CryptoDox talk:Community Portal
From CryptoDox, The Online Encyclopedia on Cryptography and Information Security
Read the CryptoDox:Community_Portal page on the issue we are facing with SVG images. How can we get SVG images to work? To see an example of the error we get, see MD5.svg. --Anuj 01:10, 17 October 2007 (EDT)
Ways to improve the Wikipedia dump
It would be nice if the "external links" section of each imported page mentioned "This page originally based on ..." with a link back to the Wikipedia page.
--> You will see this in the revision history as a comment. --Anuj 13:33, 16 October 2007 (EDT)
Is there anything else we need to do to avoid plagiarism? Can we do this automatically?
There are sites which provide this as a premium service. I can evaluate it to see if it works well on a wiki. --Anuj 13:33, 16 October 2007 (EDT)
It would be nice if pages that say "Don't do X" went on to recommend "Do Y instead". For example, the RC4 currently says "RC4 ... is not recommended for use in new applications." I'm going to edit it to explicitly say what *is* recommended for use in new applications, but I'm sure there are dozens of other pages that have a similar discouraging "Don't do X" that also need to be updated with the latest positive recommendations on what to use instead.
--DavidCary 12:23, 16 October 2007 (EDT)
yet another proposed protocol
I posted yet another cryptography-related protocol to http://communitywiki.org/WikiBasedDecisionMaking . Should I copy it / move it here to CryptoDox, so experts can point out its flaws? --DavidCary 17:28, 30 January 2008 (EST)
David, feel free to make a local copy here. --Anuj 06:20, 6 February 2008 (EST)
OK, I'll post a copy (literally) here in the "CryptoDox talk:Community Portal". Perhaps later we can create a page for "protocol proposals" and move this sort of brainstorming there. --DavidCary 16:55, 14 February 2008 (EST)
yet another misguided protocol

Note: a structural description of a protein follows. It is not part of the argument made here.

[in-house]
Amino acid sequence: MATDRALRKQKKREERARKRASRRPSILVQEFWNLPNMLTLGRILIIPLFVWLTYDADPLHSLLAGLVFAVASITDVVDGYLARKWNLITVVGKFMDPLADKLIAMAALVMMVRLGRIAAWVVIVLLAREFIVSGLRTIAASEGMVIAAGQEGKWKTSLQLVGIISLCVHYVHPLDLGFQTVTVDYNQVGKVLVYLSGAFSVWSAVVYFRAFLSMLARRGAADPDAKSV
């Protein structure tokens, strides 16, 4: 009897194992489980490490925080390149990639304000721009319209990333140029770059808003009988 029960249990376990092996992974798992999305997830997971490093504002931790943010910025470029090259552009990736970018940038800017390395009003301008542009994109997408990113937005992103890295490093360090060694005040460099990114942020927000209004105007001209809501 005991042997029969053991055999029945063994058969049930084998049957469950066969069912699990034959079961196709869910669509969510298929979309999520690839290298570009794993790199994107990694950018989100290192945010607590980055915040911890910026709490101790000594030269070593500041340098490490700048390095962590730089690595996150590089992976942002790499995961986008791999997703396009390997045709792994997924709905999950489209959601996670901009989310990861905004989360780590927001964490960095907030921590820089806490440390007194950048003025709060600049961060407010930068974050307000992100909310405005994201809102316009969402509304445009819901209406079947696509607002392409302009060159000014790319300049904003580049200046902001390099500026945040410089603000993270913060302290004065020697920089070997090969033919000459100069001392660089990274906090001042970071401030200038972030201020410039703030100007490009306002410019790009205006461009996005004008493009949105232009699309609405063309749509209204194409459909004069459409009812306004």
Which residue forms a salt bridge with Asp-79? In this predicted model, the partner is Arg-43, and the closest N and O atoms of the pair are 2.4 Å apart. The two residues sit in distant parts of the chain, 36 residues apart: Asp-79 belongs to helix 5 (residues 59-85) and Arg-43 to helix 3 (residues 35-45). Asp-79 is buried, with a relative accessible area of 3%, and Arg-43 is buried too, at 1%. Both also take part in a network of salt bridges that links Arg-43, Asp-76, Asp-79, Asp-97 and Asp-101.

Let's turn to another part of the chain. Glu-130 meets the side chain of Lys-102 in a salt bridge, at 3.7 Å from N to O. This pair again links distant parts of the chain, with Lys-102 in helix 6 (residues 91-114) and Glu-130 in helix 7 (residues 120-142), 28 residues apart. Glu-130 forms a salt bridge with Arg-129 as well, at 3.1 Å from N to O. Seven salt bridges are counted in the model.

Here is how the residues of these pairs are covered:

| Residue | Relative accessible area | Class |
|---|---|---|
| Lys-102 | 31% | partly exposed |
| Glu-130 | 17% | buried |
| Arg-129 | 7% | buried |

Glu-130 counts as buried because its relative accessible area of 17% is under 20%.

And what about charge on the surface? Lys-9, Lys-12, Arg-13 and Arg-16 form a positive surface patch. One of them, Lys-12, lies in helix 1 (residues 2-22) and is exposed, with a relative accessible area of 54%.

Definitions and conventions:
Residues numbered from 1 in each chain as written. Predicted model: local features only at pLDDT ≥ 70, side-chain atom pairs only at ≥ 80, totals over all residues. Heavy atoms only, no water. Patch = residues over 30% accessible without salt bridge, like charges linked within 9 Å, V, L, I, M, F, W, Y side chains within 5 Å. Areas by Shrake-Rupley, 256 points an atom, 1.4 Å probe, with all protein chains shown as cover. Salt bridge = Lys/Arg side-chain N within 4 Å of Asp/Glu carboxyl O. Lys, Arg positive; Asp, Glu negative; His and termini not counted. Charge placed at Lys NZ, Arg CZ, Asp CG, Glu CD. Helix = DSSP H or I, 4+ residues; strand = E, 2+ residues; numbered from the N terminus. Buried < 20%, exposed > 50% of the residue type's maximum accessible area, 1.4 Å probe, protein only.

Problem: A bunch of people who edit a wiki or talk in a IRC chat room (or some other non-real-time, long-distance, community) need to make some essentially arbitrary decision. And sometimes they become so polarized they cannot reach a consensus.
(brainstorming) Make a "votes" server. Make it so you can log into it, and register a vote. Have it publish HTML fragments for both presenting results, and for collecting results. Users have a password that they use to key their vote in. Users also have a username associated with the password, used for presenting results of the vote, which must be unique to the votes server.
There are several ways to verify unique votes even when (most) communication is through a public IRC room.
This protocol assumes:
... there's also a way to tweak this into a protocol that keeps it secret which way each person voted ... Actually, no, that additional requirement opens up many more vulnerabilities. Avoiding those vulnerabilities requires far more than a "tweak".
A protocol like this is a technological solution to a small part of the problem. The protocols mentioned on vote may be better. The bigger social part of the problem still remains.
What's the best way to import articles from Wikipedia? --DavidCary 18:12, 23 September 2008 (EDT)
yet another encryption algorithm
Is this a good place to discuss encryption algorithms like this? --DavidCary 16:53, 15 June 2009 (PDT)
Should CryptoDox also switch to CC-by-SA
Should CryptoDox also switch to CC-by-SA?
The CryptoDox:Copyrights page claims that "both Wikipedia and CryptoDox use the GFDL license."
While that was once true, this month things have changed.
In June 2009, Wikipedia switched to CC-by-SA. 
I honestly don't really understand all the implications.
Should CryptoDox also switch to CC-by-SA? (a) to maintain compatibility with Wikipedia? (b) for the same reasons, whatever they were, that Wikipedia switched? ? --DavidCary 21:45, 26 June 2009 (PDT)